National Schools Rugby Tournament: Other sports should consider 'fair play' rules

By Alex BysouthBBC Sport
Rugby ball
The National Schools Rugby Tournament has been taking place for 21 years

New rules at a national junior rugby tournament that penalise teams for unsporting behaviour should be adopted more widely, say organisers.

The National Schools Rugby Tournament (NSRT) has introduced a weighted scoring system, with the potential to dock points if teams or their supporters do not respect officials.

The approach has been endorsed by the Rugby Football Union (RFU).

Organisers say it aims to "reward more positive aspects of the game of rugby".

As well as awarding bonus points for tries and good defence, officials will also grade both the team and supporters on their sportsmanship and respect of others.

Zero points will be given if "a clear, and repetitive, lack of respect for the referee and his decisions" is displayed, while "exceeding the expectations of the RFU core values" will gain a team three points.

"The idea is to reward all of these elements rather than simply 'win at all costs'," said Mark Robinson of the NSRT.

"I wouldn't say we had a problem per se with the tournament in terms of disrespect to referees by players or supporters.

"Obviously, you expect the odd isolated incident in a tournament of this size but what is interesting is that the new system seems to have worked really well and been well received by parents, coaches and children alike."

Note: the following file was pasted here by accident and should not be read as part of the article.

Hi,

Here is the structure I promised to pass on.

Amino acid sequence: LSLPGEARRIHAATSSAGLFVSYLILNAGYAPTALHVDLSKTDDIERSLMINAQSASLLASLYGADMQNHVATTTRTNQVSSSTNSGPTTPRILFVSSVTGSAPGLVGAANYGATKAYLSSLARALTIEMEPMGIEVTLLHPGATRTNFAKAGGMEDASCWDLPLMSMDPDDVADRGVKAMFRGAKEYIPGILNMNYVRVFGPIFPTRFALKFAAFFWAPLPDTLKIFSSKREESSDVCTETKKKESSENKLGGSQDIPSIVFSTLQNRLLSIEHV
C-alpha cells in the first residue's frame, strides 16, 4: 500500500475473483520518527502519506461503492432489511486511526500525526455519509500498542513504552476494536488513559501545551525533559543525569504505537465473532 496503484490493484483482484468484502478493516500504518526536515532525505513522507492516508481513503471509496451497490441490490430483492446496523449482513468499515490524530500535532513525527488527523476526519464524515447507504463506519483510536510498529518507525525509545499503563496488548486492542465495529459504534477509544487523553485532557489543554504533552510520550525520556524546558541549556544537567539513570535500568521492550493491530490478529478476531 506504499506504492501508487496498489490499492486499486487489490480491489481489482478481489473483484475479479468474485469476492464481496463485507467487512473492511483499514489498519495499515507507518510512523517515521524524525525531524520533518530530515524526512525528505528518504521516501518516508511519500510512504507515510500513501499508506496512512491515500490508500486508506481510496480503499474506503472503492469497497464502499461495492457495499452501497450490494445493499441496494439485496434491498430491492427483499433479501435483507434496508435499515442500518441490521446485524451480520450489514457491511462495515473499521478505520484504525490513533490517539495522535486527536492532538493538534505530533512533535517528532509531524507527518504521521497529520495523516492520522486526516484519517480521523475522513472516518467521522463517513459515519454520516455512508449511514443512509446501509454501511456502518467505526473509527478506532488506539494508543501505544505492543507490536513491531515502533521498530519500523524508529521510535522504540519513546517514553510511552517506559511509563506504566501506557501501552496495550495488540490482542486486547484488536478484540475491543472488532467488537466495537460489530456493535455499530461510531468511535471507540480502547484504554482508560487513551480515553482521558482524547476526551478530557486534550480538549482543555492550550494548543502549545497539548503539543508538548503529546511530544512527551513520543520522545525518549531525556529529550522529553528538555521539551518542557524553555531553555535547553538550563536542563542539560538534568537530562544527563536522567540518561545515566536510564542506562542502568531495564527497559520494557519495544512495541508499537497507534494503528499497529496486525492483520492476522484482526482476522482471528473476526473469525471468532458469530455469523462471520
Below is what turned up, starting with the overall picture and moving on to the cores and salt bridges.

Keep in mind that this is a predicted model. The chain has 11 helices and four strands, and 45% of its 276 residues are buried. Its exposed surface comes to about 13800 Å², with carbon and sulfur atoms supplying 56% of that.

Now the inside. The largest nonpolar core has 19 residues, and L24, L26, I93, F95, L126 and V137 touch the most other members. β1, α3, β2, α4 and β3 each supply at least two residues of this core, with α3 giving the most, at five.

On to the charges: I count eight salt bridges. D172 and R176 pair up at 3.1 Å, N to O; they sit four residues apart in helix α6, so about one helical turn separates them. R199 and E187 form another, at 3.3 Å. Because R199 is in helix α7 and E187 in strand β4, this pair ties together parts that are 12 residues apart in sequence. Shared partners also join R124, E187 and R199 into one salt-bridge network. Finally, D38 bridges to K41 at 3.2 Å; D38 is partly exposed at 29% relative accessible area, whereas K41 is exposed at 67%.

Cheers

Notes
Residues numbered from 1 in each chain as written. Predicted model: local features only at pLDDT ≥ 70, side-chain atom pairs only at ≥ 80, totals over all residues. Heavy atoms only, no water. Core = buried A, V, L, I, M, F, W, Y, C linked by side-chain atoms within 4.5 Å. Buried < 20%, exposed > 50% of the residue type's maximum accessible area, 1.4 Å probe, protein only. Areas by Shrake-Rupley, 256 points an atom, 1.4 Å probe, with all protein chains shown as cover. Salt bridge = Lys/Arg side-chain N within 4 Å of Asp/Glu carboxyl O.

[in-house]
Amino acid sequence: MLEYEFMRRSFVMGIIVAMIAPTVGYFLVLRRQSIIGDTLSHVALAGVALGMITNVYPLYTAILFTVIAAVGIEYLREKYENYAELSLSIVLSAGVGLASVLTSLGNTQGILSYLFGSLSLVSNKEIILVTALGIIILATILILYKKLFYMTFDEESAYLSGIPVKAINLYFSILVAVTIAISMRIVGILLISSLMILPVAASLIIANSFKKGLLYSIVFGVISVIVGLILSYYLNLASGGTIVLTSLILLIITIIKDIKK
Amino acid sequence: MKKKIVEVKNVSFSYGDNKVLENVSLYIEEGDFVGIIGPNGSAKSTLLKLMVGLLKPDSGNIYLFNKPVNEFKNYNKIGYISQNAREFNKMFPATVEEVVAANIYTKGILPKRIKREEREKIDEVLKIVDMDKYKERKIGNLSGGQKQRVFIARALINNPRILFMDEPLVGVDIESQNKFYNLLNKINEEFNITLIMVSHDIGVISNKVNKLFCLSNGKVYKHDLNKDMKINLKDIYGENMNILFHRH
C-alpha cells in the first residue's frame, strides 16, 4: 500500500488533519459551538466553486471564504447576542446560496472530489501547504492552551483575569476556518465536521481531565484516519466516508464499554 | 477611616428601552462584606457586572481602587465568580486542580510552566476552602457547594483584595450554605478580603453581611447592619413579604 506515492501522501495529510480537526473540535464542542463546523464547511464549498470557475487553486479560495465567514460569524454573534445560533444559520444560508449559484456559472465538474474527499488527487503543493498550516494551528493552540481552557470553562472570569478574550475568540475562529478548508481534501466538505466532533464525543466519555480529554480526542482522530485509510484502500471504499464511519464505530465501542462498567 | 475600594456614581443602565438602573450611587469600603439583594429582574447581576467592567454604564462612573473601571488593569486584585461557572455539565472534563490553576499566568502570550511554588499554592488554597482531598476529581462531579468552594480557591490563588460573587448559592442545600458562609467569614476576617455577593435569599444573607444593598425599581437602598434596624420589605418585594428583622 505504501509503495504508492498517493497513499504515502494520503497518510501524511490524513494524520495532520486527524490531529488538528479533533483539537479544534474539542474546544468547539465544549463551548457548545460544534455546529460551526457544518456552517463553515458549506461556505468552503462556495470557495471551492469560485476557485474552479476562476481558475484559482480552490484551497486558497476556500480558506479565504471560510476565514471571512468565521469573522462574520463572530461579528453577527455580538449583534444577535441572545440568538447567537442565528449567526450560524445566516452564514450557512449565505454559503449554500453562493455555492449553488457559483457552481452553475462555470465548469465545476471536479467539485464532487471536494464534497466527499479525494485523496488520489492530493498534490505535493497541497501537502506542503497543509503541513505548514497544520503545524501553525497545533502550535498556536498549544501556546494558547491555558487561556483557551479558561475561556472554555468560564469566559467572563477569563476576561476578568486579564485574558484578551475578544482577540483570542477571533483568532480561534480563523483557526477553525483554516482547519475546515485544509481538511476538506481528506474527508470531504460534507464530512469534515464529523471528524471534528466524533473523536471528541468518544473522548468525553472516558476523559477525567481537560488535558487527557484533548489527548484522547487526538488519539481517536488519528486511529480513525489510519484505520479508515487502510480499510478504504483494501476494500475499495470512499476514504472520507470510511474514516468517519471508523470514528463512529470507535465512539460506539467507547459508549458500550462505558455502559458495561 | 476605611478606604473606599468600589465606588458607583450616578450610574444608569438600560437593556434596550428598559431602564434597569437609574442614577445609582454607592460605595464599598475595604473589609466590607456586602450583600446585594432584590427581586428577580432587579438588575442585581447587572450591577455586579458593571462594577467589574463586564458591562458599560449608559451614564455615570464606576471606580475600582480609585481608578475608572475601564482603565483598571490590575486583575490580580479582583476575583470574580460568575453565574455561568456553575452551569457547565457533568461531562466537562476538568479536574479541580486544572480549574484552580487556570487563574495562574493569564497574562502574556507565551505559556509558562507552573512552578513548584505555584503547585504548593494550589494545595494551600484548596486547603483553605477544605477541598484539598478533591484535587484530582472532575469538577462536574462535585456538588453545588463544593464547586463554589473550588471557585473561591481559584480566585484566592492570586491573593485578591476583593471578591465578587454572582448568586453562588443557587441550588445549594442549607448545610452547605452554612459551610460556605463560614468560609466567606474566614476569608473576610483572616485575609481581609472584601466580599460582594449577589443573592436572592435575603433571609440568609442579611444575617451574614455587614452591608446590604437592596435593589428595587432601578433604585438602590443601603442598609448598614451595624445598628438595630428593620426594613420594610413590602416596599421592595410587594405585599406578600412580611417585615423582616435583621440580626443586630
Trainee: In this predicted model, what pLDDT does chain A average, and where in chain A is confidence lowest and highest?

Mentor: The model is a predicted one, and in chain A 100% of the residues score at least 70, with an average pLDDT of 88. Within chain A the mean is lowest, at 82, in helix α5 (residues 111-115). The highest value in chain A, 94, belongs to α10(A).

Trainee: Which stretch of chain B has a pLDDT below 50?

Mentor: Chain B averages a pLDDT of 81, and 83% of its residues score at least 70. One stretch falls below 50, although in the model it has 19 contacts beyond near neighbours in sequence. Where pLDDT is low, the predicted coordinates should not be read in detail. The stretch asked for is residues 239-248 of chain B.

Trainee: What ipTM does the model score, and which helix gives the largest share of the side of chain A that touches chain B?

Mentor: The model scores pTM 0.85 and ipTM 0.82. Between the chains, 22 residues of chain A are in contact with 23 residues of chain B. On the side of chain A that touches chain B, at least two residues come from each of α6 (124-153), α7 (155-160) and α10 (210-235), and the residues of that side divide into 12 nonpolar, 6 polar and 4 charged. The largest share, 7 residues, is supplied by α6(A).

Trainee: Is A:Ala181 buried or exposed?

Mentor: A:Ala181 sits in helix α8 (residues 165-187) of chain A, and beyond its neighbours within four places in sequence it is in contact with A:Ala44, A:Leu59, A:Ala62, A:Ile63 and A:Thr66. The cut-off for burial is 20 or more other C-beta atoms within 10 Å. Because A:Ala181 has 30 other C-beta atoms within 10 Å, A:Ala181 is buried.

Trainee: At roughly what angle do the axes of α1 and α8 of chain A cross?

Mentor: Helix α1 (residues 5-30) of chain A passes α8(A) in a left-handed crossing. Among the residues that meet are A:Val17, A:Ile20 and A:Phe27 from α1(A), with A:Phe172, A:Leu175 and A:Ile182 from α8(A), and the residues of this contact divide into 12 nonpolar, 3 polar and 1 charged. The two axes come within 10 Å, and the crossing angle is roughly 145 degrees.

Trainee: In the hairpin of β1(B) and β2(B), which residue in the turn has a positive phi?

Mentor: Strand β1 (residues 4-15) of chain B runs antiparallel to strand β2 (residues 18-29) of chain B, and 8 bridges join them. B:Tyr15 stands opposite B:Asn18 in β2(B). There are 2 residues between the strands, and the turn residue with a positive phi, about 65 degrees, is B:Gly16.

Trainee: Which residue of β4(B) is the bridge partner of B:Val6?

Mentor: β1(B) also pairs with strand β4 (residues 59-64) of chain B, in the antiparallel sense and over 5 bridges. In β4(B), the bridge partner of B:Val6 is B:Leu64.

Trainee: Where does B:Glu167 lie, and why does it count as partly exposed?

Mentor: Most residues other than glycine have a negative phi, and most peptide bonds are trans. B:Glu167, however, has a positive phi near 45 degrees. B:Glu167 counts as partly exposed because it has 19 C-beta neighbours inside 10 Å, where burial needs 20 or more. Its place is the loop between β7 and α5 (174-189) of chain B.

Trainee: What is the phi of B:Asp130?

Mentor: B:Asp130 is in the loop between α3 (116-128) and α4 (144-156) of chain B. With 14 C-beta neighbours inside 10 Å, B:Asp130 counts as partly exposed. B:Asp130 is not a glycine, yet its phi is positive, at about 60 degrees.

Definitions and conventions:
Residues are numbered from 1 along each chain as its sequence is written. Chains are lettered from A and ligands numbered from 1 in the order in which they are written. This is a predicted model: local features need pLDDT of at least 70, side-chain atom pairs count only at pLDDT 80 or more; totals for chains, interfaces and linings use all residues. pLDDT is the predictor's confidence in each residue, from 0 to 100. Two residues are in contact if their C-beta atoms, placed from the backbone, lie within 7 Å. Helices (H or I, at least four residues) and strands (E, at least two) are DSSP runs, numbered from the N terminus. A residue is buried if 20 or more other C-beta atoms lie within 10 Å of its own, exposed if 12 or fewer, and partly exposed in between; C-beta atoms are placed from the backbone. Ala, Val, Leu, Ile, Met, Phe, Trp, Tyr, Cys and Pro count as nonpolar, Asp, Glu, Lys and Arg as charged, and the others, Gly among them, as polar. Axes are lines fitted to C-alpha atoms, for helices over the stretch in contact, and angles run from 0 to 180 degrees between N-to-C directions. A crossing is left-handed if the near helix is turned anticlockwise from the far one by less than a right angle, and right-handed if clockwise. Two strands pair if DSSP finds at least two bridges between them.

'Parents have embraced new rules'

Qualifying festivals for the tournament have already begun, with the finals to be played at Epsom College in Surrey on 19 March.

Up to 80 schools regularly enter teams of players aged 13 and under.

"We've had very few problems at all this year," added Robinson.

"The parents and children seem to have embraced the new rules and it pretty much polices itself, which is great news for the referees and for the vast majority of people who come to watch rugby in the right spirit.

"We hope that this could be a template that could be rolled out to other children's rugby tournaments. I wonder whether it could even be adopted in adult rugby or other sports?"

Tournament director Tim Button says he can empathise with parents who get caught up in the emotion of watching their child compete, but that the new rules are intended to eliminate "unpleasant incidents on the touchline".

"There's still noise, but we want [people] excited and vociferous in the right way," he told BBC Radio 5 live.

The RFU implemented changes to age-grade rugby at the beginning of the season, based on feedback from young players.

"As part of the new age-grade rugby framework we encourage a range of different competition options including those like the one being run by NSRT, with whom we have a good relationship, that put all players and their enjoyment front and centre," an RFU spokesperson said.

"We are committed to ensuring the offer to young players from clubs, schools and colleges is consistent, progressive and attractive in order to keep them enjoying rugby and playing the game longer."

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